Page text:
A simple test may be instituted at the dentist’s office, in which an oral blood sample is taken during a normal visit to the dentist’s. This sample tests for glycated hemoglobin (HbA1c) levels; HbA1c gives healthcare professionals an idea of blood glucose levels and is the most reliable form of testing for diabetes in asymptomatic patients. Fasting and “acute perturbations” are not needed for HbA1c test and it reveals average glycemic control over 3 month period. HbA1c less than 5.6% is considered normal. Glucose status can also be tested through fasting blood sugar (FBS) and requires a blood sample after a patient has fasted for at least eight hours, so it might not be as convenient. Patients who have gotten oral blood samples taken say it feels as if part of a normal procedure, and dentists say it is convenient.
In a study that analyzed data from 10,472 adults from 2013 to 2014 and 2015 to 2016, it was revealed that screening for risk of prediabetes in the dental setting has the potential to alert an estimated 22.36 million adults. Diabetes may be asymptomatic for a long time, but since it would be wasteful to test every patient at the dental office, utilizing known risk factors may guide who is ideal for testing. Since a history is already taken at a dental office, a few additional questions would help guide a dentist on narrowing down who the test is recommended for. For example, people with high BMI are at higher risk for diabetes. A study done by the School of Dentistry, Diabetes Research Centre, Mazandaran University of Medical Sciences in Sari, Iran found a relation between periodontitis and the prediabetic condition, and this could be another tool to help guide who might be recommended to take the test. Periodontal disease occurs when a number of anaerobic bacteria living on the tooth surface cause infections, which leads to a potentially sustained immune response. Diabetes is a type of condition in which infections are easier to get, and hyperglycemia contributes to the mechanism causing oral complications.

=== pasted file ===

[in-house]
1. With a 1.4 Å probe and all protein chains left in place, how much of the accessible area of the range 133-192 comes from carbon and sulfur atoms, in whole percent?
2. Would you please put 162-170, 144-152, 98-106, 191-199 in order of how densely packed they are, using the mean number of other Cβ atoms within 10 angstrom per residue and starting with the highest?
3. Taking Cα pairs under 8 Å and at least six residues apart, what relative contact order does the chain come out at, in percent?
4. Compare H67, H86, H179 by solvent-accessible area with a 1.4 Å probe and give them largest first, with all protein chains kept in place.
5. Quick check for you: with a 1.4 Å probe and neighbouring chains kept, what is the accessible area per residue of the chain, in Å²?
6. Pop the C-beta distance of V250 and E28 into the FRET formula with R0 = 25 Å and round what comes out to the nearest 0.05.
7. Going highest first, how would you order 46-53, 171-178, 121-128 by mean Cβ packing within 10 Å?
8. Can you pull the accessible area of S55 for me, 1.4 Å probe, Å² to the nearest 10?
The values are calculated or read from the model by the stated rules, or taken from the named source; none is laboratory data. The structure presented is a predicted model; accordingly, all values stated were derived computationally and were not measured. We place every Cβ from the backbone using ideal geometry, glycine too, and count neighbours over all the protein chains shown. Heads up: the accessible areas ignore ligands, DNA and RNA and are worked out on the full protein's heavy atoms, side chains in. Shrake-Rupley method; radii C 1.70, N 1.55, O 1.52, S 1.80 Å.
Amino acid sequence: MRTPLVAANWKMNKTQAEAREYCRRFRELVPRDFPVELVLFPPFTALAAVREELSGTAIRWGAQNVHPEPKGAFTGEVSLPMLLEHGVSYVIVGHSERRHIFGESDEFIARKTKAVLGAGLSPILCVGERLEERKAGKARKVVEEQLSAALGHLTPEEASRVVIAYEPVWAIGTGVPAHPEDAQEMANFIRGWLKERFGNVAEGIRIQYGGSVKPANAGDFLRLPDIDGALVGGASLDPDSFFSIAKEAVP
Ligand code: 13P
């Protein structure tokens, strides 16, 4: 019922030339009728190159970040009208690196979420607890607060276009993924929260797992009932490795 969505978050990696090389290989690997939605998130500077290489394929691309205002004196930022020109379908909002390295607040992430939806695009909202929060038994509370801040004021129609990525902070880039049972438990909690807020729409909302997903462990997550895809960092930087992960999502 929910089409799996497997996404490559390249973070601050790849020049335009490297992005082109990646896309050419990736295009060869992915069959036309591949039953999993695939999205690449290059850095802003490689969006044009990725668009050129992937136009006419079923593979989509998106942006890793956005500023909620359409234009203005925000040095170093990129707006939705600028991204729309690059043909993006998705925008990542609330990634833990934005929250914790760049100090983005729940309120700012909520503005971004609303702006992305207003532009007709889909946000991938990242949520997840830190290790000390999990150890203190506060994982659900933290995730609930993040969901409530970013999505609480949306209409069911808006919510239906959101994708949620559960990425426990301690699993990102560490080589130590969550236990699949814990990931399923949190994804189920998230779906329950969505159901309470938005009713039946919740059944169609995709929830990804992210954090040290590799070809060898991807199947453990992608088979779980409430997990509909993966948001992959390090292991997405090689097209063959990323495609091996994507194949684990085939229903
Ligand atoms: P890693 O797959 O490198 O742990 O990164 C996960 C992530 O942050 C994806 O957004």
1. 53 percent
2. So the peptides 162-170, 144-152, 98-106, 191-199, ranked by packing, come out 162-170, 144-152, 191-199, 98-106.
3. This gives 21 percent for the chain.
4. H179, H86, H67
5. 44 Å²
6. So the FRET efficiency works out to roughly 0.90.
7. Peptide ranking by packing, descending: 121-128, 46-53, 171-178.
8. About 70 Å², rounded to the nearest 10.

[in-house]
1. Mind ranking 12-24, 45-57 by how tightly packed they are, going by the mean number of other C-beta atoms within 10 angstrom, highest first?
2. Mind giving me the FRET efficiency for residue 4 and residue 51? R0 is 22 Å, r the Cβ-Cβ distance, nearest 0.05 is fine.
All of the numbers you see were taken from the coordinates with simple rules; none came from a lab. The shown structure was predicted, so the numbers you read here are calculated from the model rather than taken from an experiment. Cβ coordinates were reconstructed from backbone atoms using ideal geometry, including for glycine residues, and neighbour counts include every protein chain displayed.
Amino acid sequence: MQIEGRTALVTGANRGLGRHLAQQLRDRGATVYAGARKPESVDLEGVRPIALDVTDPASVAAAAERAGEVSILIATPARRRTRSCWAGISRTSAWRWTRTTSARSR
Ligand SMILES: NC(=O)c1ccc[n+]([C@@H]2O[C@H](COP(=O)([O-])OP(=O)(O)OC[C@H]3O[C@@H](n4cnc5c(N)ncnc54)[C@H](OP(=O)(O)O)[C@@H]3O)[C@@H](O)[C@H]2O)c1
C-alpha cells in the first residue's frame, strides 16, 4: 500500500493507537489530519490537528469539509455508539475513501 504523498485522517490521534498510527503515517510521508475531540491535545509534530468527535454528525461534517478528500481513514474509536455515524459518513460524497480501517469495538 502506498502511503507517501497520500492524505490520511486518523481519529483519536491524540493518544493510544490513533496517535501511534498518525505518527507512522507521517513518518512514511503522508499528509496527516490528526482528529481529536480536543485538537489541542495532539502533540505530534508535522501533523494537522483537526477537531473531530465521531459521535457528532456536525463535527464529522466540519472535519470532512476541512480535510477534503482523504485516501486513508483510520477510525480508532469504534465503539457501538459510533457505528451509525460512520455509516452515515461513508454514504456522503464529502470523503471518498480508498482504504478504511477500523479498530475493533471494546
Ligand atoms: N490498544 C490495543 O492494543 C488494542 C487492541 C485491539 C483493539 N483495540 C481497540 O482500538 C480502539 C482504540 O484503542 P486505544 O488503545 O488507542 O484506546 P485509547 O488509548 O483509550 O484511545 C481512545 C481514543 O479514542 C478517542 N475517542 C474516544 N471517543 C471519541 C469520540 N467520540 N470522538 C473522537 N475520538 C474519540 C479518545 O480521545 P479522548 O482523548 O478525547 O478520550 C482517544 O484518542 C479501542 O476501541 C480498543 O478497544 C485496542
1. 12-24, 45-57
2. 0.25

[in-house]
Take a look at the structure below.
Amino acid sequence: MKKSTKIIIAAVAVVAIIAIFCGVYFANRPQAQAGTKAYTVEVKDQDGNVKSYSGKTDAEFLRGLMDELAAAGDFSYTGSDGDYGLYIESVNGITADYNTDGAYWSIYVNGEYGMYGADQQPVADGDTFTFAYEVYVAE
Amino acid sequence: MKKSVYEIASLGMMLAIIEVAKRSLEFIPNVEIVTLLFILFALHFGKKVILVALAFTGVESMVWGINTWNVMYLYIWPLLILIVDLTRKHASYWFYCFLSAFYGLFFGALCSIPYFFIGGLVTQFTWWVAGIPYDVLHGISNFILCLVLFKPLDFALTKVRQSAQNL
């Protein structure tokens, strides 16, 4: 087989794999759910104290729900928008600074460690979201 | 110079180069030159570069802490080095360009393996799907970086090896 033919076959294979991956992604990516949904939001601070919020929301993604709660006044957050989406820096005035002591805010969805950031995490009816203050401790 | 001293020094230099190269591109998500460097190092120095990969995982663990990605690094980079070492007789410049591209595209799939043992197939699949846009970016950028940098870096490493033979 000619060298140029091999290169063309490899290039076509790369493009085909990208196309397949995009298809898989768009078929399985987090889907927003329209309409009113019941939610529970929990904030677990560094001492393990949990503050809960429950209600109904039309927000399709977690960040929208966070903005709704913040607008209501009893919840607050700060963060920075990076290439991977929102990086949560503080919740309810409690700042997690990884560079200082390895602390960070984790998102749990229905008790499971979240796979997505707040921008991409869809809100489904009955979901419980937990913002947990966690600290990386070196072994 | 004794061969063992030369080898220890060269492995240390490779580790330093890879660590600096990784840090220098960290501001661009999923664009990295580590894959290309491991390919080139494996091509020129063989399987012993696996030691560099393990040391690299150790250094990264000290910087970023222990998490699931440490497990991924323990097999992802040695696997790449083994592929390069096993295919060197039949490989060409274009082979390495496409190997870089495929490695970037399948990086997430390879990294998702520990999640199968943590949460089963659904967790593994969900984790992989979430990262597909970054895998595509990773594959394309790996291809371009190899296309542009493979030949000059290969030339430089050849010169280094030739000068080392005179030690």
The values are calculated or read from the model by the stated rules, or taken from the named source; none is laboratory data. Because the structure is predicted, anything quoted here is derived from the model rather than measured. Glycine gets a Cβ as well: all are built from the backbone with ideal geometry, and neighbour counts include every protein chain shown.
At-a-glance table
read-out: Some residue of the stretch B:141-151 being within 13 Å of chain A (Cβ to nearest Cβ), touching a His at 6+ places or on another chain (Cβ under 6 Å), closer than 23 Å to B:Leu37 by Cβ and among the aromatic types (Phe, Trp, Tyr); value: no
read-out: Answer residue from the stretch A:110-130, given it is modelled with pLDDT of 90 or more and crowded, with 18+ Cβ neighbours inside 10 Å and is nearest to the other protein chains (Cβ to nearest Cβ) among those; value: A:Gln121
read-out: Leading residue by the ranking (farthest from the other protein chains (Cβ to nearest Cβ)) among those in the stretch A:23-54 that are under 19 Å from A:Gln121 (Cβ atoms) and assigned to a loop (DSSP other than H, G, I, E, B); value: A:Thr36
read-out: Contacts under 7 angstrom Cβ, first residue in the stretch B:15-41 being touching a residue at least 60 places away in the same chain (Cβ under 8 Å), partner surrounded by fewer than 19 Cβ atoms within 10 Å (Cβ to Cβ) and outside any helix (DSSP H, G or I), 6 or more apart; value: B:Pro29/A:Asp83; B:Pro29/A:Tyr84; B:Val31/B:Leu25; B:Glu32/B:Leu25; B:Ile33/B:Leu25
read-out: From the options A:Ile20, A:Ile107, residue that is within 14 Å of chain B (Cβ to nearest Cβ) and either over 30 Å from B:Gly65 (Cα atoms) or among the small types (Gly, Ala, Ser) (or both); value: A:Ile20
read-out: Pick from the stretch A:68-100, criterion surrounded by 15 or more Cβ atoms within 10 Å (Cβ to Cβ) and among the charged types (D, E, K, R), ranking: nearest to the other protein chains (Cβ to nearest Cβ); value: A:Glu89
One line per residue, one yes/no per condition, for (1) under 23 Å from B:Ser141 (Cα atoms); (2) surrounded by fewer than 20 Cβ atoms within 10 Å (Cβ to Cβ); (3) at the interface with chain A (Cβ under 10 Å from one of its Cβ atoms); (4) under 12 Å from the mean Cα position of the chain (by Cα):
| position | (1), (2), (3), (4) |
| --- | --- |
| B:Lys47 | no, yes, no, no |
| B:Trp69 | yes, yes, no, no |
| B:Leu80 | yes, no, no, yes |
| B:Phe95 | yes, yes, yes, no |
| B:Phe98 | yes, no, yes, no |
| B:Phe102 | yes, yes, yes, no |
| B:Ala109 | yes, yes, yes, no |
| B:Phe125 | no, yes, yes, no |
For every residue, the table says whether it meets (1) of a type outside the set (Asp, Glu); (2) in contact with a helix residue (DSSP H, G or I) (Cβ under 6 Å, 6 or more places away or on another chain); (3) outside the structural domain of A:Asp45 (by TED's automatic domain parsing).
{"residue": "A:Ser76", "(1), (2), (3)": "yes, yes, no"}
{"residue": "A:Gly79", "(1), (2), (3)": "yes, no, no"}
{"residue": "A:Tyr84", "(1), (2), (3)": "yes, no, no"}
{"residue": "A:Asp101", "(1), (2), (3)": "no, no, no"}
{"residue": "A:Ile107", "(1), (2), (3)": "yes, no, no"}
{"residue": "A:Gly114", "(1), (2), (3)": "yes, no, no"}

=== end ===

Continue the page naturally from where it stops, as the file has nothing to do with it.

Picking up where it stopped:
Early Detection and Management